Last week’s attempted coup in Turkey, the three-month state of emergency just declared by the neighboring country’s president Recep Tayyip Erdogan, the polarization of citizens, and, above all, the overwhelming fear that Turkey is entering a period of prolonged unrest amid which an eventual outbreak of civil war cannot be ruled out, are all new factors reshaping plans for the region’s energy projects.
Energy-sector players with interests have already recognized the arrival of a new era for the region and are rethinking and revising their plans accordingly, regardless of whether they are openly admitting so or not.
For example, Russia is now displaying a revived interest for the development of a stalled oil pipeline to link Burgas, on the Bulgarian Black Sea coast, with Alexandroupoli, in Greece’s northeast. The pipeline would bypass the Bosporus and Dardanelles and offer an alternative route for the delivery of Russian and Caspian oil should any shipping limitations arise in the Black Sea straits, as Nikolay Tokarev, president of the Russian pipeline company Transneft, put it just days ago.
The prospects for the Trans Anatolian Pipeline (TANAP), a major pipeline planned to transfer natural gas from the Azeri deposit Shah Deniz across the Georgian-Turkish borders, in Turkey’s west, are suddenly not as bright as a result of the latest political turmoil in Turkey. This pipeline, if completed, would transport natural gas to the Greek-Turkish border and, from there, continue via the TAP (Trans Adriatic Pipeline) across to Italy.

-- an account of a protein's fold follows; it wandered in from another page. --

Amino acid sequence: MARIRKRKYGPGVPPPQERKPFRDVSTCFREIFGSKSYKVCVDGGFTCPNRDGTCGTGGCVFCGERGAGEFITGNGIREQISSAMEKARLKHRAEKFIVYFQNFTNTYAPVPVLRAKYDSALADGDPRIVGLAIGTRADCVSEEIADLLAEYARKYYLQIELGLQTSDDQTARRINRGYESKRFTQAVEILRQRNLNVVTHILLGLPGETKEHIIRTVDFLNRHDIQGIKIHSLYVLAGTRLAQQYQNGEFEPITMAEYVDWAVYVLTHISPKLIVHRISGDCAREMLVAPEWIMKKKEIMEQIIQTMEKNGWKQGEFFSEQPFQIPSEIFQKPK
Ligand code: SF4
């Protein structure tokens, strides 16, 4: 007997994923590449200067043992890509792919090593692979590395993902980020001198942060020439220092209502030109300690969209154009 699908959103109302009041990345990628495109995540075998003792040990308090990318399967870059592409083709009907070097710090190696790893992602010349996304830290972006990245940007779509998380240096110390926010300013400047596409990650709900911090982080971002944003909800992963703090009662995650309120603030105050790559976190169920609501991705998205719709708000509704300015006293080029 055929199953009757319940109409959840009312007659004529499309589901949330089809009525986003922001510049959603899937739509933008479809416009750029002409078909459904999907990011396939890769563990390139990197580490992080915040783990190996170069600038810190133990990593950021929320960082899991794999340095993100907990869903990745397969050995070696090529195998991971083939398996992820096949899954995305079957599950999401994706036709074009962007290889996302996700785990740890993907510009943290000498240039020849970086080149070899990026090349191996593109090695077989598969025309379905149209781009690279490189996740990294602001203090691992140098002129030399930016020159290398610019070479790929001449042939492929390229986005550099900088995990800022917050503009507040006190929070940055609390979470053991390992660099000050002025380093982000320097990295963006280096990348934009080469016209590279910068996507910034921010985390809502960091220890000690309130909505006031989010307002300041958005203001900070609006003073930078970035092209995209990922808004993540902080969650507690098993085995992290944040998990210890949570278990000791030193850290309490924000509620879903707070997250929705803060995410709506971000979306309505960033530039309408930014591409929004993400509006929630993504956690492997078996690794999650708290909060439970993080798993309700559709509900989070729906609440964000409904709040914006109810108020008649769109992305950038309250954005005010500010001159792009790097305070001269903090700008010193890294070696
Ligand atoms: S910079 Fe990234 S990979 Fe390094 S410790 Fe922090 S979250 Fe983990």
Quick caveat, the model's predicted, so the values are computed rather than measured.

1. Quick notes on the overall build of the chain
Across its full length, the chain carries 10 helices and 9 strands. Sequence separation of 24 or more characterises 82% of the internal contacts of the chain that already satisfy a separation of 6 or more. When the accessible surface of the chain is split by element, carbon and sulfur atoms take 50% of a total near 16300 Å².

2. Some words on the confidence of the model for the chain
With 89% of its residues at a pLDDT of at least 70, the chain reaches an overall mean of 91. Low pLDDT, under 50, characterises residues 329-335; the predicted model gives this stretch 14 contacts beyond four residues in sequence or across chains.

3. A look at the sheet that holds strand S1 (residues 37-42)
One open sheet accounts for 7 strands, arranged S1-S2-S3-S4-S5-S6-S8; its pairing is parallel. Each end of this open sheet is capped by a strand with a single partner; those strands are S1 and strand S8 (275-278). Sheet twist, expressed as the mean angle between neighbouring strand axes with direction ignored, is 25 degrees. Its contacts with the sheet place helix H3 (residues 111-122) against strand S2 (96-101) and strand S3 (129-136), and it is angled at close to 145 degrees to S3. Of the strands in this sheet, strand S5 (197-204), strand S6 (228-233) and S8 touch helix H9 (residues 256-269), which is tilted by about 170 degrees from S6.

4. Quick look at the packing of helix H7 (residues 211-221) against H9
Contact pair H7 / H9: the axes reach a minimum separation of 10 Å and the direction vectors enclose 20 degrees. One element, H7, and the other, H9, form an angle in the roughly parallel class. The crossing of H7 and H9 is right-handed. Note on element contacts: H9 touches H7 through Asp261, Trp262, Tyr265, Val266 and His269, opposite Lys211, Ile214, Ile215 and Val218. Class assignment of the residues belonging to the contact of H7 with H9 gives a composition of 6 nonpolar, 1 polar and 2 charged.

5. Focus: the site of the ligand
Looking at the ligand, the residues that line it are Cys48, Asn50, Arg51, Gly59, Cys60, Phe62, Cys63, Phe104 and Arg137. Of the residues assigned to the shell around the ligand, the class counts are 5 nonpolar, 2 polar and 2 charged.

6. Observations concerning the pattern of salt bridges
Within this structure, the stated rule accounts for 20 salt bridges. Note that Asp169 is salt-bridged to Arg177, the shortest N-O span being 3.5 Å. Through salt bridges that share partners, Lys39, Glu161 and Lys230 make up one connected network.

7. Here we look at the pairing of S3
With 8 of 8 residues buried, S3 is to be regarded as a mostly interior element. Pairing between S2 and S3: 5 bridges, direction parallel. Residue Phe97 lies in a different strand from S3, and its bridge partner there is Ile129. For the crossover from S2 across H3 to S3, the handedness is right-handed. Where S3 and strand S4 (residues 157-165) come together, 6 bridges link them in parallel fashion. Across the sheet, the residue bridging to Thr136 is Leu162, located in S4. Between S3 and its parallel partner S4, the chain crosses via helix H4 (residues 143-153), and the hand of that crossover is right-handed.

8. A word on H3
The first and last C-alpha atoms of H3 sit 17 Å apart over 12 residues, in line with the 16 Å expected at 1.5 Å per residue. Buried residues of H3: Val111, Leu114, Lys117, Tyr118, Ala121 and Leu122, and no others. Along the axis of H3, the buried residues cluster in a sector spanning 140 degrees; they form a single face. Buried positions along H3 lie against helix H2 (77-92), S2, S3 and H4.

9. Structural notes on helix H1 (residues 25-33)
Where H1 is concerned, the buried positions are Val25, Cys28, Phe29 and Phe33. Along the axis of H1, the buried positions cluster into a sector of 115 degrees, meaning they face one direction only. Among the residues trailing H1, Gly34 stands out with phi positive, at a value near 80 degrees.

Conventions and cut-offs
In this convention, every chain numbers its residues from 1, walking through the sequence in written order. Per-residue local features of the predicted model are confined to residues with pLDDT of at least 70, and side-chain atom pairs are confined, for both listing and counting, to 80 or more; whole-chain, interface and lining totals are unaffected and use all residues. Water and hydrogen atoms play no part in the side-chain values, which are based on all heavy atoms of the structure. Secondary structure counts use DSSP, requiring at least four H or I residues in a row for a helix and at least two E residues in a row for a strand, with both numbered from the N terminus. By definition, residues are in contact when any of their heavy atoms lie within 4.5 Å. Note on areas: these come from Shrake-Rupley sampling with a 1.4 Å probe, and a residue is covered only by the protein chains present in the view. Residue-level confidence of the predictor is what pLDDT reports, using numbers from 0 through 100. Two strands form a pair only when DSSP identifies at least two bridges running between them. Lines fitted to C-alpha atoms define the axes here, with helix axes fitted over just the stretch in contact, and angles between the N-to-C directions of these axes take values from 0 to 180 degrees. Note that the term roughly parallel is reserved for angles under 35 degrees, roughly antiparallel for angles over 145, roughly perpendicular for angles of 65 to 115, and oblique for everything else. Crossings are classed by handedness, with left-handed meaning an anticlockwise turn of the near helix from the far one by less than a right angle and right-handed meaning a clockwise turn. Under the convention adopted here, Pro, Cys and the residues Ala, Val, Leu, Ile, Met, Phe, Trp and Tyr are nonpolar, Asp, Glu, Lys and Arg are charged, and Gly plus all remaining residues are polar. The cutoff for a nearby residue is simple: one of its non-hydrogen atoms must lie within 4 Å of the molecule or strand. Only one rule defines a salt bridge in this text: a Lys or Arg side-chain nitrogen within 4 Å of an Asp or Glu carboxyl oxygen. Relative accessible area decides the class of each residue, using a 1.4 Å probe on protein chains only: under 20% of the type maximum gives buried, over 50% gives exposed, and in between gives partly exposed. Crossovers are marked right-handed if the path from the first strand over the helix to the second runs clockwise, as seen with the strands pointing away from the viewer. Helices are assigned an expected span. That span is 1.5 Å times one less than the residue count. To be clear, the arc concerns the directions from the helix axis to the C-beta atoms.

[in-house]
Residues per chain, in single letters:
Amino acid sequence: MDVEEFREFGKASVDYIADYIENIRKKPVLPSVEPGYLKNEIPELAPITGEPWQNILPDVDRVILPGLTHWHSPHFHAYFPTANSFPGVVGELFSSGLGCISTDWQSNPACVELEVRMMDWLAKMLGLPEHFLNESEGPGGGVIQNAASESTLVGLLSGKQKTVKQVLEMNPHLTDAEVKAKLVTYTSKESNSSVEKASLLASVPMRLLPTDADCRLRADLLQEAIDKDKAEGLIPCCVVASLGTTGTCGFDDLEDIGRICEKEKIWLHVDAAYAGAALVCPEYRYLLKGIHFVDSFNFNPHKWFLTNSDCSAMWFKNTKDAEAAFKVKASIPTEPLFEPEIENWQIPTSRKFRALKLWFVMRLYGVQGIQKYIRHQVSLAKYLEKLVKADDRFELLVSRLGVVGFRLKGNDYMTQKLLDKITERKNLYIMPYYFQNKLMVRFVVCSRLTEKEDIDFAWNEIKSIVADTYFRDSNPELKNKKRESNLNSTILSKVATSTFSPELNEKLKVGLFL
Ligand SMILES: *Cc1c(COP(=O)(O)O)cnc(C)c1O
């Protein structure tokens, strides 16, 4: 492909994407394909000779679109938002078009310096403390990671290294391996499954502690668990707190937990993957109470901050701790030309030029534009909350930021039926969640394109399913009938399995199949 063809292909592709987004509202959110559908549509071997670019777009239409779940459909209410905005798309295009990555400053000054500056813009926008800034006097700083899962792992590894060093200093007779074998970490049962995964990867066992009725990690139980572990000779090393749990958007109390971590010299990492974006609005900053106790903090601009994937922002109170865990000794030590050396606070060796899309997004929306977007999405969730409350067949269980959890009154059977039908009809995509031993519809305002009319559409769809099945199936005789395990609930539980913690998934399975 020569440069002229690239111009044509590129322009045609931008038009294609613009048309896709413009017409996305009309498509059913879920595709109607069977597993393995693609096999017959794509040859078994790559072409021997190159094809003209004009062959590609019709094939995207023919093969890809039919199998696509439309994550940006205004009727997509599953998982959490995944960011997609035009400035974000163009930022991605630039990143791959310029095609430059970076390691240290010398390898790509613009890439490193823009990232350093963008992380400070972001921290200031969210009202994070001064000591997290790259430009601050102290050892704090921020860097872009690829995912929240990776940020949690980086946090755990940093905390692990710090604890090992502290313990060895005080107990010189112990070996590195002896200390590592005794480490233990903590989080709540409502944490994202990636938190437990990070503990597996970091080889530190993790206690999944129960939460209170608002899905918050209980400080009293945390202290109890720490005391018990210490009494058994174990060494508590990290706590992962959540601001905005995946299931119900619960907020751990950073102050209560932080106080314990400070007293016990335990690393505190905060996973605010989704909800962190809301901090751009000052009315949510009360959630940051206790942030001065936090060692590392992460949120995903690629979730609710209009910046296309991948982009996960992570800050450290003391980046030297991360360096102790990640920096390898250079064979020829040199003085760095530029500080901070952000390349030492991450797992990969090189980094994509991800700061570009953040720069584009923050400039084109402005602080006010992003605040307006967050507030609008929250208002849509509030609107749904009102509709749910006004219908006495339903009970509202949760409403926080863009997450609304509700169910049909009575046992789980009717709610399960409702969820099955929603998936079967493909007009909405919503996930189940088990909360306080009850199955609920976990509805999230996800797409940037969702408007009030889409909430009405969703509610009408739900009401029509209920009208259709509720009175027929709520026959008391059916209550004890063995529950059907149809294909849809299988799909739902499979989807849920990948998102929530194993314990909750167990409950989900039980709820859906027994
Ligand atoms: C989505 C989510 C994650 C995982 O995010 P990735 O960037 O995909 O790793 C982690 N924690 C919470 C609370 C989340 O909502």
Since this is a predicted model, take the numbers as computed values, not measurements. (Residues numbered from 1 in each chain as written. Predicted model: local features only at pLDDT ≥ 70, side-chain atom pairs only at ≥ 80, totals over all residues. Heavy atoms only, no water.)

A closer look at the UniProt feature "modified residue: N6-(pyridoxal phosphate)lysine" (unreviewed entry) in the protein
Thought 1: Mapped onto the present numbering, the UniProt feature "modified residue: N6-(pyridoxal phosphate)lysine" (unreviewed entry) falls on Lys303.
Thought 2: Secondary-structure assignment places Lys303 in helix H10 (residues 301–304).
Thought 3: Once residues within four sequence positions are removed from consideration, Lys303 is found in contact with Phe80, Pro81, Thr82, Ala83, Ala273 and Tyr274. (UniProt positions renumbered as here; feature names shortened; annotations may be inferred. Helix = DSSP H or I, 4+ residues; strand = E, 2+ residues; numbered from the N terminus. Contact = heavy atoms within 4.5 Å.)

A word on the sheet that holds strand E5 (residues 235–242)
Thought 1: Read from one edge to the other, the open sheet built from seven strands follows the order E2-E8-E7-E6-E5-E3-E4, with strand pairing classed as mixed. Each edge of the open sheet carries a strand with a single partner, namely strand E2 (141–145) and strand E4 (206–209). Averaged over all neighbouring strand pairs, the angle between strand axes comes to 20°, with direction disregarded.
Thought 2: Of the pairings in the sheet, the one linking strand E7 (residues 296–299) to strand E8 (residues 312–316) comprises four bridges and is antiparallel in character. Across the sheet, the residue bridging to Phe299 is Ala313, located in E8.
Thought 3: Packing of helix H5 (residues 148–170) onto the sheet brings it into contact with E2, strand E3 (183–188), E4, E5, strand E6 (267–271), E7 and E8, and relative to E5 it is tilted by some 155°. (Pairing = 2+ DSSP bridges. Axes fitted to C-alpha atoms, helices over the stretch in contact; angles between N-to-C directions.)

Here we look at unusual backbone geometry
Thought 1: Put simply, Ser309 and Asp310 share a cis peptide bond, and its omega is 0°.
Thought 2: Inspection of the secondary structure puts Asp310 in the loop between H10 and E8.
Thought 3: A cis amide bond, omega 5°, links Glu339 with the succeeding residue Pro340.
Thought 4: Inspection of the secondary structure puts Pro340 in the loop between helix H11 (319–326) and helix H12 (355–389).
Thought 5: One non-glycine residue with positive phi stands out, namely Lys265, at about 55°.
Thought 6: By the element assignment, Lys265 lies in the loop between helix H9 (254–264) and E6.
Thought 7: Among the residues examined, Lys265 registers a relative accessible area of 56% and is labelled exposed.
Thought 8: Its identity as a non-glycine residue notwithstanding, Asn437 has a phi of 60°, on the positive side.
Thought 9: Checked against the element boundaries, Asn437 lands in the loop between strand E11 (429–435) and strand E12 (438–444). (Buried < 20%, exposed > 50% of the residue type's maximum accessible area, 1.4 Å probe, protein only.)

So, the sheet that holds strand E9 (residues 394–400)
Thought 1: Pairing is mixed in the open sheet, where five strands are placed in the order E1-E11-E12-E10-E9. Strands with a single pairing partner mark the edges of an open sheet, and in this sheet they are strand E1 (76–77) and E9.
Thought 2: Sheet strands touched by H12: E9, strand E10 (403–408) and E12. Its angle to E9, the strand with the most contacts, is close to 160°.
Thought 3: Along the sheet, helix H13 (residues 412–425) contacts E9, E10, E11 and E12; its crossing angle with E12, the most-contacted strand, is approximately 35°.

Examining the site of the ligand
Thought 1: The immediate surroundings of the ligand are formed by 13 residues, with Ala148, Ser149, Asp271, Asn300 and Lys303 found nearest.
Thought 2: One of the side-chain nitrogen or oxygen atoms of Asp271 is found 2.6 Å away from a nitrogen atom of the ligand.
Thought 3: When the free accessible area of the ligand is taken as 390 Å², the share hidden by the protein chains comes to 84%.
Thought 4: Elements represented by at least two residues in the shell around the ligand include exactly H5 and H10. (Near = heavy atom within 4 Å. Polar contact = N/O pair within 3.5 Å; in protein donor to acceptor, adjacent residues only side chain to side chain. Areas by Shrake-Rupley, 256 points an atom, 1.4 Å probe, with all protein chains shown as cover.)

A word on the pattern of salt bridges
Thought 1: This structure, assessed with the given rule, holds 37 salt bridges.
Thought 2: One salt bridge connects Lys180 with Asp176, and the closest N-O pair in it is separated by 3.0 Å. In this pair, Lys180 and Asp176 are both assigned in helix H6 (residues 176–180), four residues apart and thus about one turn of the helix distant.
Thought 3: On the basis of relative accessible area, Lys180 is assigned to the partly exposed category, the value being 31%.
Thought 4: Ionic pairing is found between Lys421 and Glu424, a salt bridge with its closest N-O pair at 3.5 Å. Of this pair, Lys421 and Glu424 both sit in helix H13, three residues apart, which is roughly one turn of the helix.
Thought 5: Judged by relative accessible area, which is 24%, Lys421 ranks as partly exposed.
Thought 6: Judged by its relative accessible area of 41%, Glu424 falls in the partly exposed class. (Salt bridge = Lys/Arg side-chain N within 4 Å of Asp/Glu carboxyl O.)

Yesterday, the consortium behind the TANAP project rushed to assure that Turkey’s political developments will not affect the pipeline’s progress, noting that the pipeline’s construction remains on schedule. However, it is quite obvious that a 1,800-kilometer pipeline crossing a country mired in major political uncertainty represents a business venture whose current risk greatly exceeds the level originally anticipated. Without a doubt, within this context, the consortium will reassess its plans.
The prospects of other projects have gained ground as a result of the situation in Turkey. These include a planned floating LNG station in Alexandroupoli, as well as an underground natural gas storage facility at a depleted deposit in the Gulf of Kavala, northern Greece.
Development of the Alexandroupoli’s floating LNG station, if the required capital and entrepreneurial participation are secured, promises to establish the facility as a safe supply point for the TAP pipeline, if the TANAP project is delayed or rerouted. The Alexandroupoli LNG station also promises to support the planned Greek-Bulgarian IGB interconnector.
During a recent meeting in Athens with Greece’s energy minister Panos Skourletis, officials of US energy company Cheniere, primarily active in LNG-related businesses, declared, clearer than ever before, the company’s interest to take part in the development of the Alexandroupoli LNG station.
Gastrade, a Copelouzos corporate group company and fundemantal proponent behind the investment plan for the Alexandroupoli station, plans to have finalized an investment plan and capacity commitments from traders by the end of the year. The objective is to complete the LNG station’s construction by the end of 2018.